O’Laughlin trial date likely to be pushed back

The judge in the Kelli O’Laughlin murder case agreed Thursday to let the defense hire its own investigator and DNA expert, over the objections of the state prosecutors.

The extra steps likely will push the start of the trial back from the scheduled May 19 date.

John Paul Carroll is representing pro bono John Wilson, Jr., the Chicago man charged with the murder of 14-year-old O’Laughlin in her Indian Head Park home in October 2011.

Carroll said he wants to hire a former Chicago police detective to re-question witnesses listed for the case, to determine, “are they going to be good witnesses? Are they going to stand by their testimony?”

Prosecutors argued while an indigent defendant is entitled to call expert witnesses with special expertise or knowledge to prove a critical issue, that does not include bringing in someone to do general investigative work.

But Associate Cook County Judge John J. Hynes approved the defense request, saying he thinks it’s appropriate.

Carroll also asked to hire a DNA expert from California to “take a good look at the documentation created by the scientists.” The state has presented the defense with DNA evidence and documentation, “that I can’t even understand,” Carroll said. An outside expert can tell him whether “it’s good DNA,” or whether there are mistakes in the analysis.

Hynes said it’s crucial the defense have the opportunity to review the DNA reports.

“I think DNA in today’s day and age is the most potent evidence, even more so than witness testimony,” Hynes said.

Prosecutors said DNA samples taken from a winter hat found in the O’Laughlins’ house matches Wilson’s. Investigators said the hat was wrapped around a rock that was used to break a window at the rear of the house, where the intruder entered.

Hynes told Carroll he wants him to report, by April 7, the individuals he wants to hire, their hourly rate, a budget and timeline for them to complete their work.

Assistant State’s Attorney Guy Lisuzzo said the May date they had reserved to begin Wilson’ trial no longer is tenable because prosecutors will need time to review the findings the defense’s investigator and DNA expert bring forward. Lisuzzo said they are allowed 45 days from the day the reports are tendered to the state.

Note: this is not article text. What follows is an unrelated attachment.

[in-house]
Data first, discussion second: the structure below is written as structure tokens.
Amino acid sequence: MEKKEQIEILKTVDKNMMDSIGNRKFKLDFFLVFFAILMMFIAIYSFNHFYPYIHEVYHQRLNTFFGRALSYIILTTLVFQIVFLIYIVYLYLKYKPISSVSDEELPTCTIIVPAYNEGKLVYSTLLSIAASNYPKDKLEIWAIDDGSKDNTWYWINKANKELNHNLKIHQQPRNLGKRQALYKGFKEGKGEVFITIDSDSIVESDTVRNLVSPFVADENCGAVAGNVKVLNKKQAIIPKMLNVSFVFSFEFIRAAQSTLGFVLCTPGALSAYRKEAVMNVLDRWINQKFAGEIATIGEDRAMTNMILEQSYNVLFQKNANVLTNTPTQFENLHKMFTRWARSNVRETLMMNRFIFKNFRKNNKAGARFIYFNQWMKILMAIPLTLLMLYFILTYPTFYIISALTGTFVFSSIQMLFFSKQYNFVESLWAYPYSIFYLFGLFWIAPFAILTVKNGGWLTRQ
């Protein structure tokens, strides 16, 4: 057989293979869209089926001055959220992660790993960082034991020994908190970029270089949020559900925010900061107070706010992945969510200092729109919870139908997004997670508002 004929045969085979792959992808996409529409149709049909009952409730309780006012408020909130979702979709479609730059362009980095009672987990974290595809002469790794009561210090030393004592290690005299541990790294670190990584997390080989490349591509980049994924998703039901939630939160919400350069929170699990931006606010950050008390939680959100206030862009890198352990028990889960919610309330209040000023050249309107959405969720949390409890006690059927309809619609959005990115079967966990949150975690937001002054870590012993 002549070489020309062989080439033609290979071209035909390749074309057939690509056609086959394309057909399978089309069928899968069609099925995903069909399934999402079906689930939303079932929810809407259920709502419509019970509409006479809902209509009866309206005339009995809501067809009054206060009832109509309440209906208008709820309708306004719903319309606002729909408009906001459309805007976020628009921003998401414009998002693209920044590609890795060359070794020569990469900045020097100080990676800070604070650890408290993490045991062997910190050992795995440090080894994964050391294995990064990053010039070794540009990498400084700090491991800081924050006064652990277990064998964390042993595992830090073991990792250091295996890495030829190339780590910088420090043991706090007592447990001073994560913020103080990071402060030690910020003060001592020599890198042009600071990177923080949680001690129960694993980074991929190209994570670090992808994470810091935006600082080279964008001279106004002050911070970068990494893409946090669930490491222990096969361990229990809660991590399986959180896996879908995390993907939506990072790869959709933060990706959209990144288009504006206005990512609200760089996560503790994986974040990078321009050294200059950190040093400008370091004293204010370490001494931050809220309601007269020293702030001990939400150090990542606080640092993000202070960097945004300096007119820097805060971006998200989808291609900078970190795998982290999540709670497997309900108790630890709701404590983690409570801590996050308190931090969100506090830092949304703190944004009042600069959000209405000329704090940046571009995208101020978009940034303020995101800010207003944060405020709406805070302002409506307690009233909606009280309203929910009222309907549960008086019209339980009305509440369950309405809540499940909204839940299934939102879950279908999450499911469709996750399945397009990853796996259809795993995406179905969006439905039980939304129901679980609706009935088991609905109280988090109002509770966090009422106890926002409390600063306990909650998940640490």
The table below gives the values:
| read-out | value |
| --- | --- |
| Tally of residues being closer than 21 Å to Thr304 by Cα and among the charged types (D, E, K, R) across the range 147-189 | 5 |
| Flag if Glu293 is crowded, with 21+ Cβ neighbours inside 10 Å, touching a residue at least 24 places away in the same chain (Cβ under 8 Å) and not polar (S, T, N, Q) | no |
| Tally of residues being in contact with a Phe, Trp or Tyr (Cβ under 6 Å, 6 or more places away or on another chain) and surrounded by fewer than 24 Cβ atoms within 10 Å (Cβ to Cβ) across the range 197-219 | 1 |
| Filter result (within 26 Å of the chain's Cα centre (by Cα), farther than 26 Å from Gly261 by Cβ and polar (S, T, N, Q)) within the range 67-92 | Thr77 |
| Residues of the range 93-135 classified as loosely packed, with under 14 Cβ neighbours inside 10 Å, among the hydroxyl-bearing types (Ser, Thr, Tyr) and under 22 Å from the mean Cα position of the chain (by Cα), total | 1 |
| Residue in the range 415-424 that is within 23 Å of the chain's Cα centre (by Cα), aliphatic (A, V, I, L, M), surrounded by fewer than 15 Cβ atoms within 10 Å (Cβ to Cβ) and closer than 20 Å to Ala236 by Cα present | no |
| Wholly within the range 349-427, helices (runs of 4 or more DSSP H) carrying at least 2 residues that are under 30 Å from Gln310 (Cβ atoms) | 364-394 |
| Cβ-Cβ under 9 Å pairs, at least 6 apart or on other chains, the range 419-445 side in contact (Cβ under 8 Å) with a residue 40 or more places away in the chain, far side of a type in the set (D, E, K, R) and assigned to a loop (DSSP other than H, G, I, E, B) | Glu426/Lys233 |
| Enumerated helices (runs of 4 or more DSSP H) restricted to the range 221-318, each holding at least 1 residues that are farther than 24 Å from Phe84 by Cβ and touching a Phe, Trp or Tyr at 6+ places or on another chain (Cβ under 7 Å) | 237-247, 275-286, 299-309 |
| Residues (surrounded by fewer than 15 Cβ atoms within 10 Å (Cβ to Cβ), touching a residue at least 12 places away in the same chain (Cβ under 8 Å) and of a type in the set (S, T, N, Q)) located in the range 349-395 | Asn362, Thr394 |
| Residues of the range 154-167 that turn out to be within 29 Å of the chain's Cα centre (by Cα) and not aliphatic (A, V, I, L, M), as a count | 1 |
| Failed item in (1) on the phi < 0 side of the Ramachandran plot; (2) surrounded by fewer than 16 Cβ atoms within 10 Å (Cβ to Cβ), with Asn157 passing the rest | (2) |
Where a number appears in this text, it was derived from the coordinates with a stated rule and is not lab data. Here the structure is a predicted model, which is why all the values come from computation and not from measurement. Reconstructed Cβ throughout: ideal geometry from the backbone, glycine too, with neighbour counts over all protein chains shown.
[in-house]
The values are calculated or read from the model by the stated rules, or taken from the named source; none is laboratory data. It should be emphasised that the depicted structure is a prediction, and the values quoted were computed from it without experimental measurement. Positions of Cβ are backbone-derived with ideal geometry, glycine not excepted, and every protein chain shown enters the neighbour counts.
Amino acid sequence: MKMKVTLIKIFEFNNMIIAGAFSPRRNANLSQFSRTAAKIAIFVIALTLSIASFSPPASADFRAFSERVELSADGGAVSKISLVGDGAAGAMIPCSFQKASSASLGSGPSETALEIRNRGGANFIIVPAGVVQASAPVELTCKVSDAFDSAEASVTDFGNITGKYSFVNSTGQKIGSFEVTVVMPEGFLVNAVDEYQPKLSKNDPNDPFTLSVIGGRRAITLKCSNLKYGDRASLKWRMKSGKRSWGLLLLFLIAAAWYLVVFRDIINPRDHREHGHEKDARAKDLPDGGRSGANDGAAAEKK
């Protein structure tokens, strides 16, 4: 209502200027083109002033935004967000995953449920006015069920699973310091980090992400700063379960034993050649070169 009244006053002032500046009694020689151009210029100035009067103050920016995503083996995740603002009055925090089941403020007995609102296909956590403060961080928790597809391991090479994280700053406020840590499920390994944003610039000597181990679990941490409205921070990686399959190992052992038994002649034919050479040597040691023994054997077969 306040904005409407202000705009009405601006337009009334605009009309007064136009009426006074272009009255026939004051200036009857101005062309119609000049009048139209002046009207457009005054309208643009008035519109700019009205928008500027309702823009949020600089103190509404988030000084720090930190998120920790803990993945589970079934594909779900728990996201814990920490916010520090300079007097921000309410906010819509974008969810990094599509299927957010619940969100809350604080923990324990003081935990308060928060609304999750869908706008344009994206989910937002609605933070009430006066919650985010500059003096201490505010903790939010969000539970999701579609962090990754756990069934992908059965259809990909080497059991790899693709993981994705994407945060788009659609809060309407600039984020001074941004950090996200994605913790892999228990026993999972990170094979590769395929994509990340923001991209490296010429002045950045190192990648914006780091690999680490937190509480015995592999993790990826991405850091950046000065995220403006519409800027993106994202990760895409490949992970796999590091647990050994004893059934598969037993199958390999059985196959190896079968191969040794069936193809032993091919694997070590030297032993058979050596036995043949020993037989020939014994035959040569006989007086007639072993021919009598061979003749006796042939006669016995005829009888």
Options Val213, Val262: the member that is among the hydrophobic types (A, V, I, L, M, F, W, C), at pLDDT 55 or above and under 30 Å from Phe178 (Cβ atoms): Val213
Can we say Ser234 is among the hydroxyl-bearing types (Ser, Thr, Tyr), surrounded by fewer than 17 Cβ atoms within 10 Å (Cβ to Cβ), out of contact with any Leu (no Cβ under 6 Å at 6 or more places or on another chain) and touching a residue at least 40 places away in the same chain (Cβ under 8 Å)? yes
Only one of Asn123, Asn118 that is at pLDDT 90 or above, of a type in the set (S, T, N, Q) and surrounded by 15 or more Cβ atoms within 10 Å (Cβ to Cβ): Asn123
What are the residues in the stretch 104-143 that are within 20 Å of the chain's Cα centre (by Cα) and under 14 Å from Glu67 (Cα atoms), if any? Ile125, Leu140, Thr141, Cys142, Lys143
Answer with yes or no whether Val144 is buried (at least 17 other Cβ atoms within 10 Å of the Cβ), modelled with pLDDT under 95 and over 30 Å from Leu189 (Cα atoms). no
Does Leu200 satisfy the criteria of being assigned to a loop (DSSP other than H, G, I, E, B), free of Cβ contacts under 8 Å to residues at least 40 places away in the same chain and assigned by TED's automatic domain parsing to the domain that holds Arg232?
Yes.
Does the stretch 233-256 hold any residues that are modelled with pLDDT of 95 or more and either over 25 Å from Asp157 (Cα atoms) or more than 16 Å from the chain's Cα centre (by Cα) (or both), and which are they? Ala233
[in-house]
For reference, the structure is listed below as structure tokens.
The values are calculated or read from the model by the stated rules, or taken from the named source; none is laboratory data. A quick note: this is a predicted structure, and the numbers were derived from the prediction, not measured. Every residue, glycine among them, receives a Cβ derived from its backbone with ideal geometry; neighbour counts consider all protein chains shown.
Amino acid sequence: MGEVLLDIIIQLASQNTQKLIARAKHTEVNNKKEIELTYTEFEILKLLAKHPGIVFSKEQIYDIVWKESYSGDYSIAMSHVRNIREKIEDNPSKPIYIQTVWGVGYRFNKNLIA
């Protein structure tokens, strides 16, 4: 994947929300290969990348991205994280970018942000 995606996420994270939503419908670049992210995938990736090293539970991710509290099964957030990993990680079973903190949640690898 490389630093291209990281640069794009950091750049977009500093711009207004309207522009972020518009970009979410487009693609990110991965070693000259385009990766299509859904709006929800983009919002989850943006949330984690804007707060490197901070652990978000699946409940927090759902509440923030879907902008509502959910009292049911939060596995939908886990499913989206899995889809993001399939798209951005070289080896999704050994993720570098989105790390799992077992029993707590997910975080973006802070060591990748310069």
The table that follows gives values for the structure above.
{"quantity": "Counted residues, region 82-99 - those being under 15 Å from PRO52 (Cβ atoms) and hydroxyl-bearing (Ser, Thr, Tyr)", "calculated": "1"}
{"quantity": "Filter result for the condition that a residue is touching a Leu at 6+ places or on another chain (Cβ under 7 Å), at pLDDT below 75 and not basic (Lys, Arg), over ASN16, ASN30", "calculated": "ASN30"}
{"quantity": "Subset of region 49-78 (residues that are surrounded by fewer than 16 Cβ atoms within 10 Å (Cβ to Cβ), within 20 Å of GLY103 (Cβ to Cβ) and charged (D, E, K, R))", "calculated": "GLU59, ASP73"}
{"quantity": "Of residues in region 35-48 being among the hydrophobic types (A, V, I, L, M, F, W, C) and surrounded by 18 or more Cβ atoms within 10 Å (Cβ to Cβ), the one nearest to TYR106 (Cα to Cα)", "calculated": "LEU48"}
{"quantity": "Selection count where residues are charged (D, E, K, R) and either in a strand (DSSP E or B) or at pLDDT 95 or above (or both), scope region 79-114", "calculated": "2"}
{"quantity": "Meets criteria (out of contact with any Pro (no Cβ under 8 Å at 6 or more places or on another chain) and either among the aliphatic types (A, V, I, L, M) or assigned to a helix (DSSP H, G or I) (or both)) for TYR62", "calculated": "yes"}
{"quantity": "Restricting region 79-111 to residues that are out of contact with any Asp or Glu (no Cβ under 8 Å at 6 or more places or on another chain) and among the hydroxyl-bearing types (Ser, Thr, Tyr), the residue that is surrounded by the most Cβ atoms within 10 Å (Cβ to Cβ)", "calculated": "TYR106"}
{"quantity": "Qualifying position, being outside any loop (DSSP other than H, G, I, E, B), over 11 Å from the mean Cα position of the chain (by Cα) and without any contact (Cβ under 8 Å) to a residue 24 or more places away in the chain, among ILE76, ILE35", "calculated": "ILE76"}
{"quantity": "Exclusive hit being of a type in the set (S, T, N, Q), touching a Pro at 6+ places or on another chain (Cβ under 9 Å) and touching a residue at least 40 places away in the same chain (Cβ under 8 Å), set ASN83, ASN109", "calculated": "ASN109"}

Hynes approved the prosecution’s motion to allow cellphone records in the trial.

Assistant State’s Attorney Andreana Turano said Wilson had a cellphone with him when he was arrested. That cellphone had been used to call three real estate agents, with listings in Countryside and Western Springs, the day of the murder. Turano said the calls were made by Wilson and show he was “casing” unoccupied homes he could burglarize.

Carroll argued calling real estate agents is not a crime and there is no way to prove it was Wilson who made the calls.

The judge ruled the cellphone records are relevant because they could place the defendant in the vicinity on the day and time of the murder.

Hynes did not grant the defense’s motion to visit the crime scene. The prosecutors argued they had given the defense 600 photographs from the crime scene inside the O’Laughlin’s home, and 18 pages of reports from investigators who were there after the crime.

The crime took place more than 2.5 years ago, and the carpet, tile and a window in the home all had been replaced, Lisuzzo said.

Carroll said pictures don’t give an overall impression of the crime scene and cannot convey what five or 10 minutes in the home would.

But Hynes said the prosecution’s case did not rely on eyewitness testimony or a confession from the defendant that the defense would be trying to disprove based on the layout of the house.

“The home is substantially changed and the victims do not want this type of intrusion,” Hynes said.

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